The people of Gaza can thererore perhaps blame Hamas for this tragedy as much as they can the Israeli military which continues to pound their territory. No doubt that is what Israel wants. Hamas has allowed (and encouraged) terrorists to operate in Gaza and publically states that it seeks the destruction of the state of Israel. The organisation was however democratically elected in the 2006 Gazan elections. Whether or not an organisation listed as "terrorist" by Canada, Japan, the US and the majority of the EU member states can be considered a legitimate political party is debatable, but doesn't change the fact that Palestinians in Gaza voted for candidates openly representing Hamas in elections a mere two years ago. Undoubtedly Israel hopes to identify Hamas as the indirect source of Gaza's battering. I order for this Israeli offensive to be truly successful it is important that there is a cultural shift in Gaza. That may be acheived by this warfare, but at what cost? Over 250 people have reportedly been killed in Gaza so far and that numbert is likely to increase significantly. There is the real possibility that Hamas will exploit such deaths and actually increase its support. That being said, this Israeli offensive could actually have the counterproductive of pushing Gazans who don't currently support Hamas into becoming its supporters. That is something Israel needs to thoroughly consider. The alternative is of course more sinister. Israel may be better equipted to deal with Hamas while it is operating openly. Driving it under ground and making martyres out of its leadership and supporters could in the long-term hurt Israel more than the current rocket attacks hurt it.

There are three objectives to Israel's airstrikes: the simplest and most immediate is to stop the rocket attacks which target private Israeli targets on a daily basis. The mid-term objective is to materially weaken Hamas by destroying its compounds and killing its members and senior figures. The long-term objective of turning ordinary Palestinians against Hamas may not be as simple to achieve. If Israel chooses a protracted campaign, and possibly ground war as is looking inevitable, it is taking a significant gamble. The ultimate objective in all is to cripple Hamas, for even Israel must accept that it will very doubtfully ever be completely destoryed. A ground offensive may be Israel's next best move. They can minimise civilian fatalities and perhaps restore a semblance of order in Gaza. Soldiers can also be used to transport much-needed supplies into Gaza.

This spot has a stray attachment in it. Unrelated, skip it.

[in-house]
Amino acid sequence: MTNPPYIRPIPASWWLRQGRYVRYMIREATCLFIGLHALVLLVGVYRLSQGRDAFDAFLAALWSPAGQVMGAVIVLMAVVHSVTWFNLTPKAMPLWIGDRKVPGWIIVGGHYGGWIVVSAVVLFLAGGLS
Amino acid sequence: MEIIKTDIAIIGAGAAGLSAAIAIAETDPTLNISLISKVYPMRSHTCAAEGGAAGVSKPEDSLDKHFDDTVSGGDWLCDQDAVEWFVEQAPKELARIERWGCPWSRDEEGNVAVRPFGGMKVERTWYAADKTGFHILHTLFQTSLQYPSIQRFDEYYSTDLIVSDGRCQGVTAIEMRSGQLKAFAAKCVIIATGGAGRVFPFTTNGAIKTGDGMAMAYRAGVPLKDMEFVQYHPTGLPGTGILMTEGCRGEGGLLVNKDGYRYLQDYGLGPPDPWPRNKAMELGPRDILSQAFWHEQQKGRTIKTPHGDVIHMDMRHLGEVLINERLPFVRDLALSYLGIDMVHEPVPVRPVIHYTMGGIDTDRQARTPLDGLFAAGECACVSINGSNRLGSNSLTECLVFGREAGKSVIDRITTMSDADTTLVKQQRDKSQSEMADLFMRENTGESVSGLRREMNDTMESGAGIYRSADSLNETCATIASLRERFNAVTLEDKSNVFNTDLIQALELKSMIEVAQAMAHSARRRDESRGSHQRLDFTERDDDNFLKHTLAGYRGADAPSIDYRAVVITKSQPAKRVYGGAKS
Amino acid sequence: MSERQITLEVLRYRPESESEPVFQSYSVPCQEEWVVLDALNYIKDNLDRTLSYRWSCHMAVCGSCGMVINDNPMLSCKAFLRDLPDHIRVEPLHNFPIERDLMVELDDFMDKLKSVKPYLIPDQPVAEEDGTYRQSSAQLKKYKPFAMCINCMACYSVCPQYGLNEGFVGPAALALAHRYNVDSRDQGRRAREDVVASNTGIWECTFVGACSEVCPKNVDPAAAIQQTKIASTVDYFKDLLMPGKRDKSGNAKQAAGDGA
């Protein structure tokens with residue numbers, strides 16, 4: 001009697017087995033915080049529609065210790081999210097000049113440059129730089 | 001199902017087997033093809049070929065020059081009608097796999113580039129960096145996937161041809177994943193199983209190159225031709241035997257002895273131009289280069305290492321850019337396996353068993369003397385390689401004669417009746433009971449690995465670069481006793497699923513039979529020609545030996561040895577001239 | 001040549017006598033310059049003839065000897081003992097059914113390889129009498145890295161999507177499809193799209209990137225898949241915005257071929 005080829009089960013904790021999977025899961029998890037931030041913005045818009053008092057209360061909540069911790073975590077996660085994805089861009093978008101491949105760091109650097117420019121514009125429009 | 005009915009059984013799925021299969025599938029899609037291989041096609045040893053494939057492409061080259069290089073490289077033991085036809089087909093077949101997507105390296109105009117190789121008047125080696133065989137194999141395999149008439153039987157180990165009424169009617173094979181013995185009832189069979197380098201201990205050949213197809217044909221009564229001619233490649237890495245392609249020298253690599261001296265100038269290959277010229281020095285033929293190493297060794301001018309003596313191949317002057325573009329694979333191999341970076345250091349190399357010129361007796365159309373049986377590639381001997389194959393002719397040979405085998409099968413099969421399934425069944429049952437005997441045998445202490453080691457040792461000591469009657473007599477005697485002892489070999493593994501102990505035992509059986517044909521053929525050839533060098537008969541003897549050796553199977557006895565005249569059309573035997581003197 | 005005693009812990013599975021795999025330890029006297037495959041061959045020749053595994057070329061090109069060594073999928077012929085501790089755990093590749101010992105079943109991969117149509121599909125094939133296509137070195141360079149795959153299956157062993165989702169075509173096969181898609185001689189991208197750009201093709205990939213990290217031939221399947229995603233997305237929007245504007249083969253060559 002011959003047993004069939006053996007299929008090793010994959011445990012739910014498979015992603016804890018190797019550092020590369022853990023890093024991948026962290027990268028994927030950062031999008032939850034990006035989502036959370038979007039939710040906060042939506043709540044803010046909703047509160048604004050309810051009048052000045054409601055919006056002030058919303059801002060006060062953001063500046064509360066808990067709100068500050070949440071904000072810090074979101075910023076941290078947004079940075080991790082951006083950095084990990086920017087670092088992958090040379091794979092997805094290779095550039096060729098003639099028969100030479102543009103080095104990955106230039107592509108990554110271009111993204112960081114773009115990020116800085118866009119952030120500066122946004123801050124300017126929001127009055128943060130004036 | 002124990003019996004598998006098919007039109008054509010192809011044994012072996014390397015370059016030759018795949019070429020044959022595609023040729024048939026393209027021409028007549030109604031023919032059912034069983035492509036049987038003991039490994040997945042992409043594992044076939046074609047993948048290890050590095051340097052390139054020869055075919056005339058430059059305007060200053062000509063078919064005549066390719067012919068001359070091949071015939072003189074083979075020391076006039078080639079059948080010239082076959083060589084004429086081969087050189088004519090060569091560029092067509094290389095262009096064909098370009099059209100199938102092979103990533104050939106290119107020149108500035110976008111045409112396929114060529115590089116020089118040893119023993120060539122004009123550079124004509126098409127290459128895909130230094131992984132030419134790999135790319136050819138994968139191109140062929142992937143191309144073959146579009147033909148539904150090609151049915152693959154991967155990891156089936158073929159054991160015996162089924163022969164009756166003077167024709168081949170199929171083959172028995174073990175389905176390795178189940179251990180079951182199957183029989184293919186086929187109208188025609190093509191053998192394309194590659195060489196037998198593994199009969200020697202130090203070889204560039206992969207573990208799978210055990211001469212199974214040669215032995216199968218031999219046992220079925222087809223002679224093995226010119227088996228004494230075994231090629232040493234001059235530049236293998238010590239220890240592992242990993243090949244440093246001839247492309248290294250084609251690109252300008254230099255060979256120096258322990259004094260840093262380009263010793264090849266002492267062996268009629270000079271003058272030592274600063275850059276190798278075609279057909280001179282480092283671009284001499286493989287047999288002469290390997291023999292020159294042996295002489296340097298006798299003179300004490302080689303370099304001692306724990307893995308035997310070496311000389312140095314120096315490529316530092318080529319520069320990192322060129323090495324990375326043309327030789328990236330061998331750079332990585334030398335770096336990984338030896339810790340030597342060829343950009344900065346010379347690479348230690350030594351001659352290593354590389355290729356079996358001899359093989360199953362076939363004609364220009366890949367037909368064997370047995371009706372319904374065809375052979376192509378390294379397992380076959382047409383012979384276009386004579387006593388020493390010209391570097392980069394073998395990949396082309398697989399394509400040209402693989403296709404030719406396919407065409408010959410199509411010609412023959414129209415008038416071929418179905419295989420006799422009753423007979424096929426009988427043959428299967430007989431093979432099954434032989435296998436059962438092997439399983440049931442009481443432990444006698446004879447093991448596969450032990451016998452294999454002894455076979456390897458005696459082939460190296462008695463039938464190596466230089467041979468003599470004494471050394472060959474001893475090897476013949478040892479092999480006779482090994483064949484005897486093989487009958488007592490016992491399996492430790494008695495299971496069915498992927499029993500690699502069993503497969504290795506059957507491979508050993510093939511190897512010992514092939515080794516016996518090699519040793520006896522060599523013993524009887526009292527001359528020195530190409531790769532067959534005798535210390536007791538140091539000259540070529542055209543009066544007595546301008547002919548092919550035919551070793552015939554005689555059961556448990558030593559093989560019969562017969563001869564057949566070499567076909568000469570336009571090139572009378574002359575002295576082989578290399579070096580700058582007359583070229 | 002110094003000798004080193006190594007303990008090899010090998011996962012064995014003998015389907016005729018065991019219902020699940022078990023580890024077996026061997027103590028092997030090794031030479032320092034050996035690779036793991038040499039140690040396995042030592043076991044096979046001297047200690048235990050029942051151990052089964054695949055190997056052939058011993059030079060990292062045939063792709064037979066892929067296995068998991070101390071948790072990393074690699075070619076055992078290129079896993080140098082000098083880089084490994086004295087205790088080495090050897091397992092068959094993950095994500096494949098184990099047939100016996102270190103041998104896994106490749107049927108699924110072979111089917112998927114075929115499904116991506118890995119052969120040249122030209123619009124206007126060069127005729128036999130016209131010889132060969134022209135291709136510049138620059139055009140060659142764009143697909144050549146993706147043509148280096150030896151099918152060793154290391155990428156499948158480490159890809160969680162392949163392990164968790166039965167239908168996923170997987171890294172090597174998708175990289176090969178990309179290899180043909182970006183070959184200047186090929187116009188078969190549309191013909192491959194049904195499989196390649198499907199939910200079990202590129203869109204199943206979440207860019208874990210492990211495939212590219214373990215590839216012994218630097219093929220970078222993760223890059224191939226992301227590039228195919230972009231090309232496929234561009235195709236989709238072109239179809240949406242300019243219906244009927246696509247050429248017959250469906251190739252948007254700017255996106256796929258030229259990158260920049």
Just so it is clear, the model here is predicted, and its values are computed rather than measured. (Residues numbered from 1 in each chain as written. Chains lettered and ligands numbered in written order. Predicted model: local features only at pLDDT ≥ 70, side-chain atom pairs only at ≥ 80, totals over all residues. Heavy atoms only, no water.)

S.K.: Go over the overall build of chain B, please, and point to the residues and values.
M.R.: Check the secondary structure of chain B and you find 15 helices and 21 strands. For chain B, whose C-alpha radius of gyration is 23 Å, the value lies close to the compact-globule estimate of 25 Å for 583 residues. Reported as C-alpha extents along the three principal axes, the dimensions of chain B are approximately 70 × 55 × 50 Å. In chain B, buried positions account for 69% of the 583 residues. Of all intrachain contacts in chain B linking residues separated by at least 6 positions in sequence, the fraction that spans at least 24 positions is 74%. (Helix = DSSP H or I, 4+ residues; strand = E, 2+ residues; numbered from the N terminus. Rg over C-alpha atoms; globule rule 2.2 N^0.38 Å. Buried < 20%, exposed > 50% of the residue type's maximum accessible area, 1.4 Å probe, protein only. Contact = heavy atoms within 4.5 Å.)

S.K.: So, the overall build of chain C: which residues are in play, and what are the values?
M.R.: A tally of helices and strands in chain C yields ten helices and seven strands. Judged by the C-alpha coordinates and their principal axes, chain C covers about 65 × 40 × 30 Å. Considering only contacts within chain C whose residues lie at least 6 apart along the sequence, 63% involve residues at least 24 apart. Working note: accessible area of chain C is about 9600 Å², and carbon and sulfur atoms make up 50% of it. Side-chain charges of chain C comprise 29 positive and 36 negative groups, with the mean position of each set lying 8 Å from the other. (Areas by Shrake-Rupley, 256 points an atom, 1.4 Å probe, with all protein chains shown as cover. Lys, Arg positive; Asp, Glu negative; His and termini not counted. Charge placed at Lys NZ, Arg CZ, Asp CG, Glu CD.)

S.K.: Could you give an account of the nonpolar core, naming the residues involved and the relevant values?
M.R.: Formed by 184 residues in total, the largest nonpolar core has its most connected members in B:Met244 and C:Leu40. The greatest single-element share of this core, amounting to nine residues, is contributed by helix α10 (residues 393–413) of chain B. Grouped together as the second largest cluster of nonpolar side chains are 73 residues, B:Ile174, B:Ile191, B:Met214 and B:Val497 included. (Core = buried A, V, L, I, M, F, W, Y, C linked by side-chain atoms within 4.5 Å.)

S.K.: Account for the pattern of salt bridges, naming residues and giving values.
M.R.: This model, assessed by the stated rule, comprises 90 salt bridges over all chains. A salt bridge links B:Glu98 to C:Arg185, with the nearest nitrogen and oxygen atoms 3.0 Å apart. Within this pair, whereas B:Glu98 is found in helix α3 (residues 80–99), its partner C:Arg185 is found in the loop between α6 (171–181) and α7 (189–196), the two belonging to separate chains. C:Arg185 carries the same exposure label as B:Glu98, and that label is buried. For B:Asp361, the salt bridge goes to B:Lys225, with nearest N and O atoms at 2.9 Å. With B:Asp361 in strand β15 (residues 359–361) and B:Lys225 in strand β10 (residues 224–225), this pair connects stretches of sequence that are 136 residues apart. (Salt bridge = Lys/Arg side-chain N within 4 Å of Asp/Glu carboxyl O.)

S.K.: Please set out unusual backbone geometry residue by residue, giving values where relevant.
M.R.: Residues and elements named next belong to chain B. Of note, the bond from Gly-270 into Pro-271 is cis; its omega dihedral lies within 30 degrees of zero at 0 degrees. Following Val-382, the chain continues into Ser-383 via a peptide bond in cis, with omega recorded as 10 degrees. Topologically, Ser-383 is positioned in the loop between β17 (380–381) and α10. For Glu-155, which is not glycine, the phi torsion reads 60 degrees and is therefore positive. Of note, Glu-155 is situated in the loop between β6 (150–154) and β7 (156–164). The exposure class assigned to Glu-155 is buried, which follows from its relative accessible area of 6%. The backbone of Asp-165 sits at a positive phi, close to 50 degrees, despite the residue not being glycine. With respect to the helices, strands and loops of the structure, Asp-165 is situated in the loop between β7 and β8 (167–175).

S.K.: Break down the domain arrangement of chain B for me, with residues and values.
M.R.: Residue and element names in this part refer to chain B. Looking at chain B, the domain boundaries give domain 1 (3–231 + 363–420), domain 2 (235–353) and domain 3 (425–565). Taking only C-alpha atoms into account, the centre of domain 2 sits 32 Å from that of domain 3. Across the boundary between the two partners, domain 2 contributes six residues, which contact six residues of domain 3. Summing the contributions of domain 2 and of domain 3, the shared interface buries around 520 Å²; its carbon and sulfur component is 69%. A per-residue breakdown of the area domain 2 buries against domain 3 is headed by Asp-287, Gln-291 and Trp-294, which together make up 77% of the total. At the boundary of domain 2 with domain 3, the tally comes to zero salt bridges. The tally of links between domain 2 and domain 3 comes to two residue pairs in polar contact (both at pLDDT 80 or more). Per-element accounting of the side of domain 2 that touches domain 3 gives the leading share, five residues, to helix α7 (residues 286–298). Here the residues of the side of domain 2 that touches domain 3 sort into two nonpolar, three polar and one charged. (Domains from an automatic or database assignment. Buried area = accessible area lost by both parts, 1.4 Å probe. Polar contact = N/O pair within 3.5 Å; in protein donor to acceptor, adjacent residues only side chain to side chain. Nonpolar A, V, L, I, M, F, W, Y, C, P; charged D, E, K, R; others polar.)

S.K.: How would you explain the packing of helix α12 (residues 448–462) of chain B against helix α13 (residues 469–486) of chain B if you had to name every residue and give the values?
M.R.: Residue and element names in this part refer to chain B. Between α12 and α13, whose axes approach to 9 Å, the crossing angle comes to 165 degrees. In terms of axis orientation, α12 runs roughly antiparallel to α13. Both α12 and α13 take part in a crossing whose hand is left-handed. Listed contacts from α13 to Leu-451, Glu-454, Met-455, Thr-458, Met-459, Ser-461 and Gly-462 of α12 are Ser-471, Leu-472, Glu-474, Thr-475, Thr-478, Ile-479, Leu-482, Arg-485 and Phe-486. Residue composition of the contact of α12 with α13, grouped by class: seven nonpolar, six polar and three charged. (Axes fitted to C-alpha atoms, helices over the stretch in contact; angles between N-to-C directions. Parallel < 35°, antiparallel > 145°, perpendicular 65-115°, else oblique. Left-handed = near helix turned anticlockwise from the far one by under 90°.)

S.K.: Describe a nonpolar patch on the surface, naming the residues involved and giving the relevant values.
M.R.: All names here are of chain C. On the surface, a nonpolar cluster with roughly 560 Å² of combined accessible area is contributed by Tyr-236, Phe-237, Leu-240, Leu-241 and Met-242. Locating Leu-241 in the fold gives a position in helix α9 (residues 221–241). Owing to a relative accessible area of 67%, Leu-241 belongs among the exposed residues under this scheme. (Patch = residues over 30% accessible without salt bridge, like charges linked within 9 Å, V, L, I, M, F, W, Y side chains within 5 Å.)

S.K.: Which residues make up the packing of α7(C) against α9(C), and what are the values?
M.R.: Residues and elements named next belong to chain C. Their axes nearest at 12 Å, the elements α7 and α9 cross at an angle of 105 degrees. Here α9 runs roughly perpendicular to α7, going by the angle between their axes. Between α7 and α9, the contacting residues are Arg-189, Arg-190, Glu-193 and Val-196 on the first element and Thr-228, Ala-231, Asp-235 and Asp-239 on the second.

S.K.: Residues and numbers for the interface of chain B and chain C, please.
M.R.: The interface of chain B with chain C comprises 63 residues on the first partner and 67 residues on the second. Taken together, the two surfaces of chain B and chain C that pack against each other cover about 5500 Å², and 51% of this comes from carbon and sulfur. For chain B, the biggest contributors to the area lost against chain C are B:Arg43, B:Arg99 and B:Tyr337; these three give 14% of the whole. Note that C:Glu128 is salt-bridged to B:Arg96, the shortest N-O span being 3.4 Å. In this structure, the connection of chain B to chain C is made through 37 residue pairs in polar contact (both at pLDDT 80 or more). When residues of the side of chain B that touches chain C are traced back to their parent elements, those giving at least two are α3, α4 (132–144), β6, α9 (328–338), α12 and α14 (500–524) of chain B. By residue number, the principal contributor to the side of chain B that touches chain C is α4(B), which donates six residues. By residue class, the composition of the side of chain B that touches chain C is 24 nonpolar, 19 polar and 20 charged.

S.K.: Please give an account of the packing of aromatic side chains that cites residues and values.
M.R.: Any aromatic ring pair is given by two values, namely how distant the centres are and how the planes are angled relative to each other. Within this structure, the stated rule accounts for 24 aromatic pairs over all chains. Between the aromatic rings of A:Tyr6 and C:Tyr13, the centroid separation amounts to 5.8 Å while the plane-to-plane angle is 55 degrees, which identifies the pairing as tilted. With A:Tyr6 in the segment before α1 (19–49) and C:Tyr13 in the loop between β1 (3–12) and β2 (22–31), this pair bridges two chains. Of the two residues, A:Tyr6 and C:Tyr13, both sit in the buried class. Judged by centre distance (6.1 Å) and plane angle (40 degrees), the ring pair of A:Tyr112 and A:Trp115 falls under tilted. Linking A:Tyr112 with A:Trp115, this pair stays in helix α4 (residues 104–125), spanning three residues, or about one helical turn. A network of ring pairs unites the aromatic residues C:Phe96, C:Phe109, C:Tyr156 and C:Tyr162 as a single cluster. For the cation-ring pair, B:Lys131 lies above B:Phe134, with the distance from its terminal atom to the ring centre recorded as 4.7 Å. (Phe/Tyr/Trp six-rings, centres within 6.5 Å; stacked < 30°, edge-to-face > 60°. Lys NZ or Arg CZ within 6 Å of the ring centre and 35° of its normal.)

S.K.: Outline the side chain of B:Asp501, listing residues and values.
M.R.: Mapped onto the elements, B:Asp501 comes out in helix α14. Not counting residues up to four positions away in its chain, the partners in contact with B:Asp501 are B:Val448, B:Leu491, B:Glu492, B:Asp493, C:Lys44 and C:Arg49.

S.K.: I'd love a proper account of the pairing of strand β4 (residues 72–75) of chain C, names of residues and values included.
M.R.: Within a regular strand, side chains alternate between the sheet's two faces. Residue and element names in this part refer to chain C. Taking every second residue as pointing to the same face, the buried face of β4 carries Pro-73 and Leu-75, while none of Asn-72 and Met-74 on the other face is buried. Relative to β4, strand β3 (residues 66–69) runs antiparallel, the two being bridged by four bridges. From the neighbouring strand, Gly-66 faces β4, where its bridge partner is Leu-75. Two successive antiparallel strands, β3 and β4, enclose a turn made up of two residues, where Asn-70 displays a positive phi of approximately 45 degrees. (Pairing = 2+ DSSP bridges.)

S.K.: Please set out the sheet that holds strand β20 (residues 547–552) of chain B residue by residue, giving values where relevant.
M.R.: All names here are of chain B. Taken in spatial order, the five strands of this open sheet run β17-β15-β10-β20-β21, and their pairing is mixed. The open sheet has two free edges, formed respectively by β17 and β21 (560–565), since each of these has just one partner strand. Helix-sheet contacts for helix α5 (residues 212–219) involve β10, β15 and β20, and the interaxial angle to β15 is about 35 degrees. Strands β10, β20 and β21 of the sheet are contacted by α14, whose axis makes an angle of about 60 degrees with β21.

There's no doubt that Israel has chosen its moment shrewdly. Most parliaments and congresses in the west are in recess for the Christmas break and there is a power vacuum in the white house as George W. Bush says goodbye to the oval office and Barack Obama enjoys the beaches of Hawaii. There are noises of a pan-Arabian coalition being organised. One is reminded of the six-day war when the Israeli military destroyed the last pan-Arabian military coalition organised against it. One outcome of that campaign ironically enough was Israel's takeover of the Gaza strip. Whether or not there is such a thing as a "Palestinian" people or a "Palestinian land" is a debate I don't intend to tackle in this post, but Gaza's Arab population may benefit from bearing it in mind for Israel surely will and will use it ideologically against any pan-Arabian coalition. One is reminded of Golda Meir's quote: "There was no such thing as Palestinians ... It was not as though there was a Palestinian people in Palestine considering itself as a Palestinian people and we came and threw them out and took their country away from them. They did not exist." The areas now claimed as "Palestine" we after all, until the 1960s, part of Egypt, Jordan and Lebanon, and a large number of Palestinians hold citizenship in those countries. The international community should remember that often over-looked fact.